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In each of the following sections, the ESMA advice to the Commission is presented preceded by the various findings, including an overview of the results of the quantitative analysis conducted by ESMA and the feed-back from the public Call for Evidence and from the survey among competent authorities.
In terms of the general impact of the Regulation described in Section II, ESMA observed mixed effects on liquidity and a slight decrease in price discovery. However, ESMA acknowledges that the findings of the Technical Advice should be interpreted with caution considering, first, the difficulty in identifying the specific effects of the Regulation and, second, the limited time period for the assessment resulting from the tight schedule imposed by the Regulation itself. Therefore, ESMA invites the European Commission to revisit the assessment of the Regulation at a later stage.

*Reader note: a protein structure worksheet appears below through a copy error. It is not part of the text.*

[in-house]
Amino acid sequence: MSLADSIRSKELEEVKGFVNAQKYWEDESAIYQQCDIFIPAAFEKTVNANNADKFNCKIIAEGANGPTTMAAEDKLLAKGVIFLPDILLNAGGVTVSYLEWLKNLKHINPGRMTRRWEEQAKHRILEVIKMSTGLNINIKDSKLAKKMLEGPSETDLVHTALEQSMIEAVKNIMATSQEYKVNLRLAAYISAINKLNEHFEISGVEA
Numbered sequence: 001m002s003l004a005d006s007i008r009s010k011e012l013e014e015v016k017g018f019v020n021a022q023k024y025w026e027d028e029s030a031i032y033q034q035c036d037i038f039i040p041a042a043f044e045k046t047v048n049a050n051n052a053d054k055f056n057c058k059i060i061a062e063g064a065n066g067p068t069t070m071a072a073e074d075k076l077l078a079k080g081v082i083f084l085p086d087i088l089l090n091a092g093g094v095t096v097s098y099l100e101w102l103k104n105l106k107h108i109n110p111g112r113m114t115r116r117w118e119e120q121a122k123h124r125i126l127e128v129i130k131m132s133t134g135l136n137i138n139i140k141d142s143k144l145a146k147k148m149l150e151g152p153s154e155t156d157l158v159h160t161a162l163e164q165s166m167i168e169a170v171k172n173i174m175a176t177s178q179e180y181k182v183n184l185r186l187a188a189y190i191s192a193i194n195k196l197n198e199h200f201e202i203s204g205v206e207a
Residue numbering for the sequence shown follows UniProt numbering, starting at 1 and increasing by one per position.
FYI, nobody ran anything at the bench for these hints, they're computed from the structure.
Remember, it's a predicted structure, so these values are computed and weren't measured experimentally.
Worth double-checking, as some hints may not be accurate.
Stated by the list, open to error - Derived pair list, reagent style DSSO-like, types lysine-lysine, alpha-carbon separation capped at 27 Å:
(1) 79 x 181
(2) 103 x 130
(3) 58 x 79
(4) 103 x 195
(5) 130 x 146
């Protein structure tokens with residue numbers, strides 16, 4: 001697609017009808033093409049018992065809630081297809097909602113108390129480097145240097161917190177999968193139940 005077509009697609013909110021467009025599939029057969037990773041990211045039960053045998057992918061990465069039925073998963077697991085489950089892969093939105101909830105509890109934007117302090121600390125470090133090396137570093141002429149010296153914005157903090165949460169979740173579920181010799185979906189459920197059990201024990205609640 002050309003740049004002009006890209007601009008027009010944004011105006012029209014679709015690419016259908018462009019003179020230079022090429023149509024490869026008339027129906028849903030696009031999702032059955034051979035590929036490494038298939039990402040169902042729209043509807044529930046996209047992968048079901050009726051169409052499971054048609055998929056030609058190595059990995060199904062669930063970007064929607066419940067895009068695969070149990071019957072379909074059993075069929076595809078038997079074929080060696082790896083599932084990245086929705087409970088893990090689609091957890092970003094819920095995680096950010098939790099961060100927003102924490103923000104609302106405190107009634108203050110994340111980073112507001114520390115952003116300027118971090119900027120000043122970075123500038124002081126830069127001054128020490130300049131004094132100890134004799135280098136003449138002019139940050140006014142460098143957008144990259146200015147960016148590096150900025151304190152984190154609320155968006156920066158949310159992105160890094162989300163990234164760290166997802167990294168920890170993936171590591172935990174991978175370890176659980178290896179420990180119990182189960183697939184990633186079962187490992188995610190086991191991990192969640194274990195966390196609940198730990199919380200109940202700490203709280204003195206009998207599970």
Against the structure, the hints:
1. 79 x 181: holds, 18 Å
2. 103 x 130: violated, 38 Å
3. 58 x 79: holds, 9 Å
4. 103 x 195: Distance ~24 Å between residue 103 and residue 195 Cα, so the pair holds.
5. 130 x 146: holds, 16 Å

Section III specifically deals with the transparency and reporting requirements. From the analysis of net short positions in shares reported to competent authorities and disclosed to the public, it can be concluded that overall investors are relatively averse to crossing the publication threshold of 0.5%. ESMA considers that the current reporting and disclosure thresholds are appropriate and only suggests considering some technical improvements; a) in the method for calculating net short positions, notably to facilitate the access by investors to information on indices and on issued share capital, and b) in the information provided to the competent authorities and to the public through the notifications in the case of actively managed funds and on positions held through convertible bonds or subscription rights. However, with respect to net short positions in sovereign debt, noting the very low number of notifications received, ESMA recommends to revisit the method of calculation, particularly the duration-adjusted approach, and to review the thresholds for notifications.